NEA Big Read
Pretty Monsters

Pretty Monsters

by Kelly Link

Whether or not this story has a happy ending depends, of course, on who is reading it. Whether you are a wolf or a girl.

Kelly Link (Sharona Jacobs Photography LLC)

Kelly Link (b. 1969)

"Link is so beloved by her fans that she makes that ubiquitous epithet, 'cult-favorite,' seem eerie in its potential for literal truth." — Jezebel

Kelly Link was born in Miami, Florida, where she lived in a "half-finished development" for seven years, a place where her father, a Presbyterian minister, chased peacocks off the roof of his car in the morning. There was a coral reef nearby covered in a thin layer of topsoil where a fire once broke out, she told Publishers Weekly. "Our lawn smoked for days. It was a pretty fantastical landscape." The rest of her childhood was spent moving around: from Chattanooga, Tennessee; to Glenside, Pennsylvania; to Greensboro, North Carolina. As a teenager, she went on a lot of car trips, owned a pet boa constrictor named Baby, and "spent a lot of time in malls trying to decide if I wanted to buy a candle shaped like a dragon or a candle shaped like a schnauzer" (Publishers Weekly).

She loved to be scared, and she loved to read. She had "lots of interesting babysitters" who told "really good ghost stories" (Strange Horizons), and parents who loved books. They "could be talked into reading just one more chapter of C. S. Lewis's Narnia books, one more chapter of The Hobbit. I followed them around the house, book in hand" (The New York Times). Later, when she could head to the library herself, she read books by Ursula K. Le Guin and other writers who wrote for both children and adults. "I became deeply attached to an edition of The Wonderful Wizard of Oz that belonged to the dentist's office. It wasn't in great shape, by which I mean someone had bled on it. Maybe multiple someones. She wasn't happy about it, but my mother finally bought it for me so we could bring it home" (The New York Times).

Shortly after graduating from Columbia University in New York, Link won a sweepstakes while living in Scotland and got free travel around the world; she made it to New Zealand, Malaysia, Thailand, Fiji, Indonesia, and the Cook Islands. "You had to answer three basic geographic questions, and then the tie-breaking question was, why do you want to go around the world? I wrote down, 'Because you can't go through it,' and that was how I won" (Publishers Weekly).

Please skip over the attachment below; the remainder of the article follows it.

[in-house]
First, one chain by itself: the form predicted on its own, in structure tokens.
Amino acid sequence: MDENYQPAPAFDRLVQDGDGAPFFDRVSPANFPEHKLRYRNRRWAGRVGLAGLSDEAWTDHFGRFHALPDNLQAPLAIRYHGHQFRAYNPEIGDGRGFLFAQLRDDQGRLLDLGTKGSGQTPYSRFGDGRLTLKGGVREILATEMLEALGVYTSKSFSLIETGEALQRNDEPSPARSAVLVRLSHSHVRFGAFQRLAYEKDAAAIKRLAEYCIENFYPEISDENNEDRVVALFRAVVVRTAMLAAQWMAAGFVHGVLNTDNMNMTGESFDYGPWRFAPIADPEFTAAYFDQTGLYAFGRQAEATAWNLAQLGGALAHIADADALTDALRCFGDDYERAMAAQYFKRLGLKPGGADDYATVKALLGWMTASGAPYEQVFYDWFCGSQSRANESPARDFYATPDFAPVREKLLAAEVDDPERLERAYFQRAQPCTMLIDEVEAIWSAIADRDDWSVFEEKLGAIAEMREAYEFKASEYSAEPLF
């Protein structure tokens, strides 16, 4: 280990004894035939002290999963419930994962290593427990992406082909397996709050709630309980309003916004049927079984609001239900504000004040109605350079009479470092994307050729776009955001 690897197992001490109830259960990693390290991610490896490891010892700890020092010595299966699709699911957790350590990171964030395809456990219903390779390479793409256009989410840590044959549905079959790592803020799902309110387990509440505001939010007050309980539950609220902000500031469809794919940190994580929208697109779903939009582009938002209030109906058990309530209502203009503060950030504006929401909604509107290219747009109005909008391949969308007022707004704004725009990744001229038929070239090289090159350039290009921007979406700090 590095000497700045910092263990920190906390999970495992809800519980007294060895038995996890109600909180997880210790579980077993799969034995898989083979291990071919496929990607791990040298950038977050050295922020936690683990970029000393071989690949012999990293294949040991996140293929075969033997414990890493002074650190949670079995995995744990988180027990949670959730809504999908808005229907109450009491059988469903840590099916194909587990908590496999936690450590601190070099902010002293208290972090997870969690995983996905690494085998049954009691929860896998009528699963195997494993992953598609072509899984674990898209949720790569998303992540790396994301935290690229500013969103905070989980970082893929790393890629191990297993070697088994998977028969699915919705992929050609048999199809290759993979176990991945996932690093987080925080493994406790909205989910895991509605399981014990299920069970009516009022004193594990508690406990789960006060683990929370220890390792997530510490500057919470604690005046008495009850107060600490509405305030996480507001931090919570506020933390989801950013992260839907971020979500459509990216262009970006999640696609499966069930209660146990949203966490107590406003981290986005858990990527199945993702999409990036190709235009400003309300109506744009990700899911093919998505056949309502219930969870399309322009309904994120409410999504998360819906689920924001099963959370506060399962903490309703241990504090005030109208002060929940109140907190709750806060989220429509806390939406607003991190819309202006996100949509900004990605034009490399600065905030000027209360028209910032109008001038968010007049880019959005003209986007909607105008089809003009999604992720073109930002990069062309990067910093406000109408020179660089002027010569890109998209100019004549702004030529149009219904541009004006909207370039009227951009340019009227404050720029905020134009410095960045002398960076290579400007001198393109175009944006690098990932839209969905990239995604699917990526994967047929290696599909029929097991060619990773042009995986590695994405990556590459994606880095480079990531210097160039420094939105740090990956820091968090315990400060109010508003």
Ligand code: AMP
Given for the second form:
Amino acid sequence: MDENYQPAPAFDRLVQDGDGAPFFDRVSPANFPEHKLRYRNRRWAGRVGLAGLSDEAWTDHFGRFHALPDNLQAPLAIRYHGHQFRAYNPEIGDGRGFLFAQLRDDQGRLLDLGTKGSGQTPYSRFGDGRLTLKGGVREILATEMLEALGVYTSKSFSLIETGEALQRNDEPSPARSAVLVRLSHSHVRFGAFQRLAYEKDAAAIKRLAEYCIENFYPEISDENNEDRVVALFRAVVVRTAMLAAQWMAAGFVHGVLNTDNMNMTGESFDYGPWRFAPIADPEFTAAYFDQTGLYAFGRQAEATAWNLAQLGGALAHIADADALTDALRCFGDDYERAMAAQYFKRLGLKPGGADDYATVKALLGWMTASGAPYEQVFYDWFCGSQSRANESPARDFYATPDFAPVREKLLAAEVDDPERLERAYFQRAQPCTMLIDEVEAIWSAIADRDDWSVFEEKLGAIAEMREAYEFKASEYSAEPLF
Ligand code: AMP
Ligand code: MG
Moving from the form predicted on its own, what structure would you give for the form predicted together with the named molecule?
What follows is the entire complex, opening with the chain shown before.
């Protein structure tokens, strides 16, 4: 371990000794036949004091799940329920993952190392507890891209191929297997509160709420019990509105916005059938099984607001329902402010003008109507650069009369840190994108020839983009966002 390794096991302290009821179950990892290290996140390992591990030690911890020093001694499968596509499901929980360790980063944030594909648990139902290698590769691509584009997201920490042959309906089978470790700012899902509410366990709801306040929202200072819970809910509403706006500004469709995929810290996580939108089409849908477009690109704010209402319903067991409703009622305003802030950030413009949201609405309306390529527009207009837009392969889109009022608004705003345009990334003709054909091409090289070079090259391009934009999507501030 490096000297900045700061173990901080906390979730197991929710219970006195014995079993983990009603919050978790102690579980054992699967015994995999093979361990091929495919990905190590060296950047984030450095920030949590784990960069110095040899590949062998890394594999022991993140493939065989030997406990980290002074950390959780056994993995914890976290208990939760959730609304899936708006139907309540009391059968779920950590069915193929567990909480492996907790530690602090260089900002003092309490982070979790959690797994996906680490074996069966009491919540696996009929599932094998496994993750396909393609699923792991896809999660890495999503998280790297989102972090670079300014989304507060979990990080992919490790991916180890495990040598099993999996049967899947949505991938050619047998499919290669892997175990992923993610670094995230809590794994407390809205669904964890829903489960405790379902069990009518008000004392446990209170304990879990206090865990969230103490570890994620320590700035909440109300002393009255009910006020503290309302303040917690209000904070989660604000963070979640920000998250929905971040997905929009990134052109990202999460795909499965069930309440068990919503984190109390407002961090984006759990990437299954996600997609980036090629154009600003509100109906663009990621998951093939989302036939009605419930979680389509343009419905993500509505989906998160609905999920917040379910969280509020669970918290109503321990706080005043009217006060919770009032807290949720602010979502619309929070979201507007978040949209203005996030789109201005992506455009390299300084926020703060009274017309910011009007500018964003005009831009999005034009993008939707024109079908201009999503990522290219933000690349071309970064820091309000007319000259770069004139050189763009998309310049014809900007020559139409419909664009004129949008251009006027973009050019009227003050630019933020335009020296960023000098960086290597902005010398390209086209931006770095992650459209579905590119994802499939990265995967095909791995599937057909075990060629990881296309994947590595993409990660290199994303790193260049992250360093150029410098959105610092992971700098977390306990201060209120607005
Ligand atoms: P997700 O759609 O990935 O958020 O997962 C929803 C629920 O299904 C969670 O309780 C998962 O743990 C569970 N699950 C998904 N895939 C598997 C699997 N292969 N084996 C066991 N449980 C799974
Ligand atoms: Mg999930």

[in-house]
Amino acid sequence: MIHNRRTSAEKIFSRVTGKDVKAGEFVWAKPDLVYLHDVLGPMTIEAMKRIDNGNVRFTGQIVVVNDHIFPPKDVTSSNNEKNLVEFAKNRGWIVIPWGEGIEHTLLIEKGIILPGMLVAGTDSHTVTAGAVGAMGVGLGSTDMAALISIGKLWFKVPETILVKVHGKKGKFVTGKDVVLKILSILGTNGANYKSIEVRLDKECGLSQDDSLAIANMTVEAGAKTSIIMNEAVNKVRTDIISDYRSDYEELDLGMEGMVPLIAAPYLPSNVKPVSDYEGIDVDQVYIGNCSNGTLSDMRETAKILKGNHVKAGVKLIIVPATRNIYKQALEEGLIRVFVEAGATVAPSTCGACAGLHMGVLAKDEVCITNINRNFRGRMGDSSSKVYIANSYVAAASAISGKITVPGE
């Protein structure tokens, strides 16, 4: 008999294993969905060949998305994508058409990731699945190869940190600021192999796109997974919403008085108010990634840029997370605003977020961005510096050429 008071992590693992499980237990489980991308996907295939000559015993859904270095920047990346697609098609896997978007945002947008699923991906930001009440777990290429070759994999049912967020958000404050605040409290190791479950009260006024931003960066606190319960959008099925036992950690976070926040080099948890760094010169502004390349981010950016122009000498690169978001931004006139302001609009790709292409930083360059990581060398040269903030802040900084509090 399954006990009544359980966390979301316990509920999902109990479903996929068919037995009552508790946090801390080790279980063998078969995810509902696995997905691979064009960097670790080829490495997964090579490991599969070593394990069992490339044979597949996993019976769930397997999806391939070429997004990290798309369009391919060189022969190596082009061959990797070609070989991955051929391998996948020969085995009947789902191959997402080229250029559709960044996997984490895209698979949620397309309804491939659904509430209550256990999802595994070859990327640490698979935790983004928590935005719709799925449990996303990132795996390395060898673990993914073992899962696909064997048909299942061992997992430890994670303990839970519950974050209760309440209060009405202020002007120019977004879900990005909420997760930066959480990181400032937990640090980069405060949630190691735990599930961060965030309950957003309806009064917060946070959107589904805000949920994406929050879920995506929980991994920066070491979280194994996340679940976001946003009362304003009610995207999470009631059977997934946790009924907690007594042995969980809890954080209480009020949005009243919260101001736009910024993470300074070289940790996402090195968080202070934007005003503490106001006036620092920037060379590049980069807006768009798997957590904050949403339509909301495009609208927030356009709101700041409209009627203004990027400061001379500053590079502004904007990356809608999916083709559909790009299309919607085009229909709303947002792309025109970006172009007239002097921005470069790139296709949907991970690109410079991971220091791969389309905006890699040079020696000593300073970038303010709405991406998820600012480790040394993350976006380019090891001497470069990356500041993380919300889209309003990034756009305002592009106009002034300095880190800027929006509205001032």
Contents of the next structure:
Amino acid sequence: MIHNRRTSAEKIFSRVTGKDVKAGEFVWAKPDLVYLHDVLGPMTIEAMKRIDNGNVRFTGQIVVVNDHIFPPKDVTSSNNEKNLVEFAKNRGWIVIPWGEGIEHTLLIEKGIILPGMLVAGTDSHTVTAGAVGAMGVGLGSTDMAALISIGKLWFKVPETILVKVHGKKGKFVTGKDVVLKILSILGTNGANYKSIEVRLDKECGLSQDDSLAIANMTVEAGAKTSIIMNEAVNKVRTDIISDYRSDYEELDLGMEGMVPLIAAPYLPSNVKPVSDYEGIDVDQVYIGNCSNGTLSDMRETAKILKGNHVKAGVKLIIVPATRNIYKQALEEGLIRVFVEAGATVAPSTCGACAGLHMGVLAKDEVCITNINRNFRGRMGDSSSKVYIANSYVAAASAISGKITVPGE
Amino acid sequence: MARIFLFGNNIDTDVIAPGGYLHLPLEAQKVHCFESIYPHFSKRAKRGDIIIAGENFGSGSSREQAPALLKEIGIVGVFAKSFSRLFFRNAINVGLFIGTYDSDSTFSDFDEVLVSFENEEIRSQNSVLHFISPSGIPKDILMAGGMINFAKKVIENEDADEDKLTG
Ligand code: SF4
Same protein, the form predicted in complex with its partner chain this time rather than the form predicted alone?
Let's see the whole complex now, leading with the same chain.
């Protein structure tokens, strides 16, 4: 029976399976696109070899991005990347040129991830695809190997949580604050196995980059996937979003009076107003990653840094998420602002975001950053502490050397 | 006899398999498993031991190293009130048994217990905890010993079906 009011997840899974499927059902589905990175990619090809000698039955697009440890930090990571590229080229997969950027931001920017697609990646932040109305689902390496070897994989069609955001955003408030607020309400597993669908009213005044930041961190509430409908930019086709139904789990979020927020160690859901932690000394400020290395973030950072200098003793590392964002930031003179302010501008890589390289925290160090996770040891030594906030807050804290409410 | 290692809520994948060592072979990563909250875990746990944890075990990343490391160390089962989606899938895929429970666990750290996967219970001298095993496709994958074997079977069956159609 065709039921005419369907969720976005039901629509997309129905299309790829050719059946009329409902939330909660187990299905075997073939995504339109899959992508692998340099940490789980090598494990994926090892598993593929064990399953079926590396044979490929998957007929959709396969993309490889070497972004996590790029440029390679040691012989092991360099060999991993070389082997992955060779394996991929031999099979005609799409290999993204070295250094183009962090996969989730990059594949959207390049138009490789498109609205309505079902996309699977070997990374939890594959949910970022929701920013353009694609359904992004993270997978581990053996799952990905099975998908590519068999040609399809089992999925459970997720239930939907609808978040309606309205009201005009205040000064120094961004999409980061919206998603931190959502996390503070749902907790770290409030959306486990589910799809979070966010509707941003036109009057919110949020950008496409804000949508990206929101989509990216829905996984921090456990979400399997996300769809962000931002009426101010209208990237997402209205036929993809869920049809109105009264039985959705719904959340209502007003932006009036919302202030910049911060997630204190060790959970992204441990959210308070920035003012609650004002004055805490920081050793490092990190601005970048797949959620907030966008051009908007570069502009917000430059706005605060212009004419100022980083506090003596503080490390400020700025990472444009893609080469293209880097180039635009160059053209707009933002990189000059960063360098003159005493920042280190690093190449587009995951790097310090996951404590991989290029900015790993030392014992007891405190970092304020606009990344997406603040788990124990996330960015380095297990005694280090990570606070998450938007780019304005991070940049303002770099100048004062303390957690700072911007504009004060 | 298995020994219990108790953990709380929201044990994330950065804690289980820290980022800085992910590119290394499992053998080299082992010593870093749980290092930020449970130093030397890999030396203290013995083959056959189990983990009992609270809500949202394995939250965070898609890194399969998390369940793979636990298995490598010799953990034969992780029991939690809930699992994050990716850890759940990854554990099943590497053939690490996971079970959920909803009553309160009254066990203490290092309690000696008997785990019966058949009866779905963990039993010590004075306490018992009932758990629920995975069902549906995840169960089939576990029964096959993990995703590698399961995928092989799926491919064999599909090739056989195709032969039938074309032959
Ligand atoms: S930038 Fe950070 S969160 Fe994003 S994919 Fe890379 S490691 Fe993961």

Link met her husband, Gavin Grant, working at a used bookstore in Boston; their wedding was 11 days after 9/11. "I might have been a clerk by profession, but in my heart I was a 40-hours-a-week browser" (The New York Times). In 2000, they founded Small Beer Press, a leading publisher of literary fantasy and science fiction, including Link's first two, critically acclaimed collections of stories: Stranger Than Fiction (2001) and Magic for Beginners (2005). Link shopped around her books to major publishing houses, but short story collections, they told her, were poor financial risks. So she decided to self-publish, in part to keep control of the process and the product, and it paid off. "Every part of the publishing experience was miles better than I could have anticipated, but we worked very hard, too, to make sure that we didn't muck it up" (Valley Advocate). One decision they made was to include illustrations by Shelley Jackson, the artist/writer known for the "Skin Project," a novella published exclusively in the form of tattoos on the skin of volunteers, one word at a time. (Check out Link's author photo.)

Link's many writing accolades include three Hugo Awards, a Nebula Award, a Locus Award, a World Fantasy Award, and an NEA fellowship in creative writing. Recently, she was named a finalist for the Pulitzer Prize for her collection Get in Trouble, which she published with Random House in 2015. "I need a lot of distraction to work," Link told Electric Lit. "I have my headphones on, I'm checking email, I look at Twitter and Tumblr, and drink a lot of coffee," though her preference is to be sitting at a café or bar across from friends who are also writing. "When we get stuck, we pass our computers across the table to each other, and then talk about what might work better" (The Short Review).

Link draws inspiration from other mediums—she loved the television series The Vampire Diaries—but there have been times in her life when she couldn't write at all, like when her daughter was born prematurely in 2009 and weighed just a pound and a half. She and her husband spent over a year in the hospital with her. "There were a couple of weeks after her birth when we couldn't hold her," Link told Publishers Weekly. "And even once we could, it was pretty strictly scheduled—three hours a night, or so.... Since we couldn't hold her, we read to her. You could see her heart rate go down on the monitor as we read." Link currently lives with her husband and healthy daughter in Northampton, Massachusetts.

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